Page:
Medical Tests on Humans
Should it be allowed?
How it works
- Individuals go in to see if they are a viable candidate for the study, find out what the treatment is for and all the possible side effects
- Sign a waiver acknowledging they understand the risks associated
- Volunteers get either a drug/device or a placebo and special restrictions
- Researchers determine the safety and effectiveness of the drug by the outcome of the participants
- Much like the above for signing up
- May be given a drug or device to test but not given special instructions
- Patient lives their daily life and checks back in from time to time as the study mandates
- Participants are observed and outcome is recorded
The location of testing depends on who is leading the experiments. They usually take place in hospitals, clinics, doctor's offices or colleges.
Most age groups are from age 20 to 100. The studies use either healthy individuals or people suffering from a disease.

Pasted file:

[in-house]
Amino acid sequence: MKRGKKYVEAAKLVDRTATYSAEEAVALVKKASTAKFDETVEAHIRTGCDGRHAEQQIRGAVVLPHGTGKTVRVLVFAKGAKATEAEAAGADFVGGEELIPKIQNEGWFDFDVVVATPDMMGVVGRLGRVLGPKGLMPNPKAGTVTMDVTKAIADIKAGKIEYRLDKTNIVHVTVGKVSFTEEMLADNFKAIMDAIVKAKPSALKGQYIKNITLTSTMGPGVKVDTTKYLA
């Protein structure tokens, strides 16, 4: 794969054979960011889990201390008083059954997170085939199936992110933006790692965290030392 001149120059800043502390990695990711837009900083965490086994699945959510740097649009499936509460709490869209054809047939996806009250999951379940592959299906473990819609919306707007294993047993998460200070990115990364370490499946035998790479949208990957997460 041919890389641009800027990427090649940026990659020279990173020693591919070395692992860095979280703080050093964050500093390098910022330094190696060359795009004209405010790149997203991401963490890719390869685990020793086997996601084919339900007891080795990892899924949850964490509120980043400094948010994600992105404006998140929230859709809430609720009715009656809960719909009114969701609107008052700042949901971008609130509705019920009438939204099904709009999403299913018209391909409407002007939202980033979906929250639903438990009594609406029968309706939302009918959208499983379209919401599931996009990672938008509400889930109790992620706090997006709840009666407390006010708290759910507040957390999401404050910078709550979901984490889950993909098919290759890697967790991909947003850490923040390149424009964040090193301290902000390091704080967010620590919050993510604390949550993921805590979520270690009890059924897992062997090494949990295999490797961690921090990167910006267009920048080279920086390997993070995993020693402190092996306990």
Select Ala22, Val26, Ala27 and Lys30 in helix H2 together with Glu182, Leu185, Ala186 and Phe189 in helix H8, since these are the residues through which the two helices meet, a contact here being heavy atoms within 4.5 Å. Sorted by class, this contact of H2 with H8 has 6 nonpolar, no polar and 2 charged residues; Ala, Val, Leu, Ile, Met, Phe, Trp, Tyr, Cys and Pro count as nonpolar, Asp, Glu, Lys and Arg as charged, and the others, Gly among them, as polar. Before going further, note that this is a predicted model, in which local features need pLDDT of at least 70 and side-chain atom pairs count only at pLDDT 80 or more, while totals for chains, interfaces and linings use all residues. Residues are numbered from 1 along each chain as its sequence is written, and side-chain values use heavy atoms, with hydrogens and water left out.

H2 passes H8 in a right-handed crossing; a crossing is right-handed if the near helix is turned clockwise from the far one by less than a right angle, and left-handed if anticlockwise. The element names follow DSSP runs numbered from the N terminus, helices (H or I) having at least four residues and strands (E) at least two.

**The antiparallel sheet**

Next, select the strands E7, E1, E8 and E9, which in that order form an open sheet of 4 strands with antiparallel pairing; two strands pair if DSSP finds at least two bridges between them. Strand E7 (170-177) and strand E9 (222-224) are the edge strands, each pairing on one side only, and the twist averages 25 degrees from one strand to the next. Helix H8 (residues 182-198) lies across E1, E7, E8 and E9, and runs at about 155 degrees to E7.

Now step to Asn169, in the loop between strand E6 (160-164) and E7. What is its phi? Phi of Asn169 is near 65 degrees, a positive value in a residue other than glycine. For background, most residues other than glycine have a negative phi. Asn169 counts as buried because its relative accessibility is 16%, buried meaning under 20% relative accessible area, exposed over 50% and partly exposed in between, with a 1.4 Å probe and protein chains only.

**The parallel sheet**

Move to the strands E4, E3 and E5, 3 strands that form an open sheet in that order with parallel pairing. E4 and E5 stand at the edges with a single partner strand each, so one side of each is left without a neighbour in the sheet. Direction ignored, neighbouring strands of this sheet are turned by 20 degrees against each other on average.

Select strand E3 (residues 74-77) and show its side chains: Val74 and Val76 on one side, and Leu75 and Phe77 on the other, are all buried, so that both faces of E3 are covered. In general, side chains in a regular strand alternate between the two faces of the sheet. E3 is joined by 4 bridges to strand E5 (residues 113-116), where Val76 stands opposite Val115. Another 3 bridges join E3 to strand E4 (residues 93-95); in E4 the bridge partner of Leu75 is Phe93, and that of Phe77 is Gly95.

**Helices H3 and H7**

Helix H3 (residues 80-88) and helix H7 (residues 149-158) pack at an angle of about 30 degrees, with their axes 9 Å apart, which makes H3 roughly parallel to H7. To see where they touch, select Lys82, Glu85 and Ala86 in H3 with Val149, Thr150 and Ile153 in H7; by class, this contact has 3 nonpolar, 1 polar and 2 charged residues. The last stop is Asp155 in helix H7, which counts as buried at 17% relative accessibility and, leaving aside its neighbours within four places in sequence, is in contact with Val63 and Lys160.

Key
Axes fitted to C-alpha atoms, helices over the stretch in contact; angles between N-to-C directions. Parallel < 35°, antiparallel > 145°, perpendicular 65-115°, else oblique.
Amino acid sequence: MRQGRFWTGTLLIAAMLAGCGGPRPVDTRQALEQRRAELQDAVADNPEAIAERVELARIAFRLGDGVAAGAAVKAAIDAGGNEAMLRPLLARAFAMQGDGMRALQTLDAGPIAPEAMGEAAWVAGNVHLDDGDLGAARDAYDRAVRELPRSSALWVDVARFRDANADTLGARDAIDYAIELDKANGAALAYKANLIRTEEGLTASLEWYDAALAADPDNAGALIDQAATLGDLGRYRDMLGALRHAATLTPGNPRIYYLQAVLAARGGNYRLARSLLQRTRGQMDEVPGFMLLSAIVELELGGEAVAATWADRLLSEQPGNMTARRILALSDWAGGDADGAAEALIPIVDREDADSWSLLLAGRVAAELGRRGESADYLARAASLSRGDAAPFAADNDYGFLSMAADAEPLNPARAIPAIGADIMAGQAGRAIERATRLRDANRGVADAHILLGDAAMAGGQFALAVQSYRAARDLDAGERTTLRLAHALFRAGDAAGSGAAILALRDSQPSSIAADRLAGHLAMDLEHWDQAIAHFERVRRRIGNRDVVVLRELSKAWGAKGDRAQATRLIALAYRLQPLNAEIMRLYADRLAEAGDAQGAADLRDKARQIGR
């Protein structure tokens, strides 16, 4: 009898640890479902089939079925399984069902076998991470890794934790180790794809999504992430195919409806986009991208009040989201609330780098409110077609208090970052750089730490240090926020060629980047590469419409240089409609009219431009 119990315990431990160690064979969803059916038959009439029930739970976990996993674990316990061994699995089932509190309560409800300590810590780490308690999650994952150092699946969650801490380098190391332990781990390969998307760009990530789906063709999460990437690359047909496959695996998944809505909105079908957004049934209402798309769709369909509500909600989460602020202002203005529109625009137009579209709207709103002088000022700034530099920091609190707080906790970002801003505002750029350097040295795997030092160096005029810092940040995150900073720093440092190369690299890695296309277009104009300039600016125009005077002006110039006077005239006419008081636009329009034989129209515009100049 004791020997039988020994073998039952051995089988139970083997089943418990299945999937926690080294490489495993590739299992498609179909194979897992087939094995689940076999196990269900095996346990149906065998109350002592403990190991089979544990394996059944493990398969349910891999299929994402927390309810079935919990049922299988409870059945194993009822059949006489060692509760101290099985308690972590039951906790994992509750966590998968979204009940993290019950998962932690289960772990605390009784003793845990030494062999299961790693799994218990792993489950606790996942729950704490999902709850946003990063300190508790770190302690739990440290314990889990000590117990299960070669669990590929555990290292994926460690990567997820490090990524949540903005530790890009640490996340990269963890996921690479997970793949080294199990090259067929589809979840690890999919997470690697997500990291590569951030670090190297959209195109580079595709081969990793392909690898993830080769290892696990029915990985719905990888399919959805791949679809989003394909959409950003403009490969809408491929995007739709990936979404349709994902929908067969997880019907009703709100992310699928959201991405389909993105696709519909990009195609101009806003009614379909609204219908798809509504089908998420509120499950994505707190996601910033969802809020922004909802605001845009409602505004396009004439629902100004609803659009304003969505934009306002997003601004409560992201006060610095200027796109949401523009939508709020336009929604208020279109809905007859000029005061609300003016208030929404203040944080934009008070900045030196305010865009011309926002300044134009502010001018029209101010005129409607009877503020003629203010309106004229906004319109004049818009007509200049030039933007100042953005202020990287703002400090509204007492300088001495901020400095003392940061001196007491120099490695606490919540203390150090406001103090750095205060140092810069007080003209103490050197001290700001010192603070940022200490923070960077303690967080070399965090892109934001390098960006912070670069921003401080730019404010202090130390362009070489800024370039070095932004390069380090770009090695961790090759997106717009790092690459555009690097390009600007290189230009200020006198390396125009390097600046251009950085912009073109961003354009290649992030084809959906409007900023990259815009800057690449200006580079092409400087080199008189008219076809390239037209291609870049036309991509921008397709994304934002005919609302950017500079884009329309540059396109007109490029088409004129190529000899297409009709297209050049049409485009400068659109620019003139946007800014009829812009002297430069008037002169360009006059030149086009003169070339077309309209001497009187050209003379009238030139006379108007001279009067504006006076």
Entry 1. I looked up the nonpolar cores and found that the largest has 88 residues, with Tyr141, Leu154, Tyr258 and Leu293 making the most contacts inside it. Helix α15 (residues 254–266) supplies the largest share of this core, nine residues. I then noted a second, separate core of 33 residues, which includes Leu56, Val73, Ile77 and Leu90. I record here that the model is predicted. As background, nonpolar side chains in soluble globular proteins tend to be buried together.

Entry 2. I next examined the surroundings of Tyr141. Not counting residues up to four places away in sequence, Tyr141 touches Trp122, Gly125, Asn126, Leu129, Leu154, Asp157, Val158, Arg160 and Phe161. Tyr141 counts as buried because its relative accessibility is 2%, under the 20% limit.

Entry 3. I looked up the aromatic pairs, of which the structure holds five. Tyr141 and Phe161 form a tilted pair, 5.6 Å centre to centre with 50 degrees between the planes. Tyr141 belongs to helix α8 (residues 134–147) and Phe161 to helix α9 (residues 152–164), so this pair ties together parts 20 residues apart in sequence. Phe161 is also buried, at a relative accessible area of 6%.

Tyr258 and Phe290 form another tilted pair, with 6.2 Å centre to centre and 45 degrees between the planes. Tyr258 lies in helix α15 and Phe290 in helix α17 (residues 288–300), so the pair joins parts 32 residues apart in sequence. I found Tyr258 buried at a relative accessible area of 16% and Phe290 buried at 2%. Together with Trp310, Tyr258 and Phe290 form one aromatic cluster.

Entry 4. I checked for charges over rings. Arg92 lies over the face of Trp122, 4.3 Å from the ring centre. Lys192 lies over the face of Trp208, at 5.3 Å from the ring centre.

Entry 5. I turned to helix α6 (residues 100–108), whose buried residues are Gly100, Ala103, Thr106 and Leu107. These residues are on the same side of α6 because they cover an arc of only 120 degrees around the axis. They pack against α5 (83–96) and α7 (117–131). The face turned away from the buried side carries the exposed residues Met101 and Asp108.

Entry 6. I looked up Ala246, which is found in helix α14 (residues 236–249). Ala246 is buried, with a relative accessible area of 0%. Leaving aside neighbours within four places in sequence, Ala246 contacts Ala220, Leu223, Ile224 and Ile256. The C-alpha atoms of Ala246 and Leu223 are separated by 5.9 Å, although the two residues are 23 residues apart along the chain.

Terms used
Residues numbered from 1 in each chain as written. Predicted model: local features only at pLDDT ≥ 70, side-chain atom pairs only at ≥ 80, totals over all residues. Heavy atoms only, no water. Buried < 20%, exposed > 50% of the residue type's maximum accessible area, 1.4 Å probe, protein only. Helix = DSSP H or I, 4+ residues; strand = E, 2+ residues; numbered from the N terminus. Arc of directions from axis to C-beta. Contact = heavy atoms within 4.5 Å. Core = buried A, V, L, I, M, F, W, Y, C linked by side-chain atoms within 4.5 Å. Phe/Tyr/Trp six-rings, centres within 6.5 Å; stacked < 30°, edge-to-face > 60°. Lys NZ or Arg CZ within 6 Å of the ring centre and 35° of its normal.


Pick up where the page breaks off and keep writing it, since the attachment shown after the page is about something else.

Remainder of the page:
Regulations (State and National)
- Good Clinical Practices (GCPs) and Human Subject Protection are two of the main regulations that the studies follow
- GCP assures participants safety and effectiveness of the trials along with the protection of human rights
Other methods of testing
....and why it's not the best idea
- The mice or monkeys may be better at pain resistance- consequently giving us false reading on a pain indicator scale.
- The drug would then be passed into human hands and harm the people who take the drug.
- They aren't 100% genetically identical to us. Something that works for them may not for us
I'm for it because...
- The animals used don't consent to being used as test subjects, but we do.
- Animals used for the studies are always put down after the necessary data is collected.
It works better.
- We get a first hand feel at how the treatment is actually affecting the individual
- We can find out how much pain the person is in
- We can ask the patient if they are feeling any different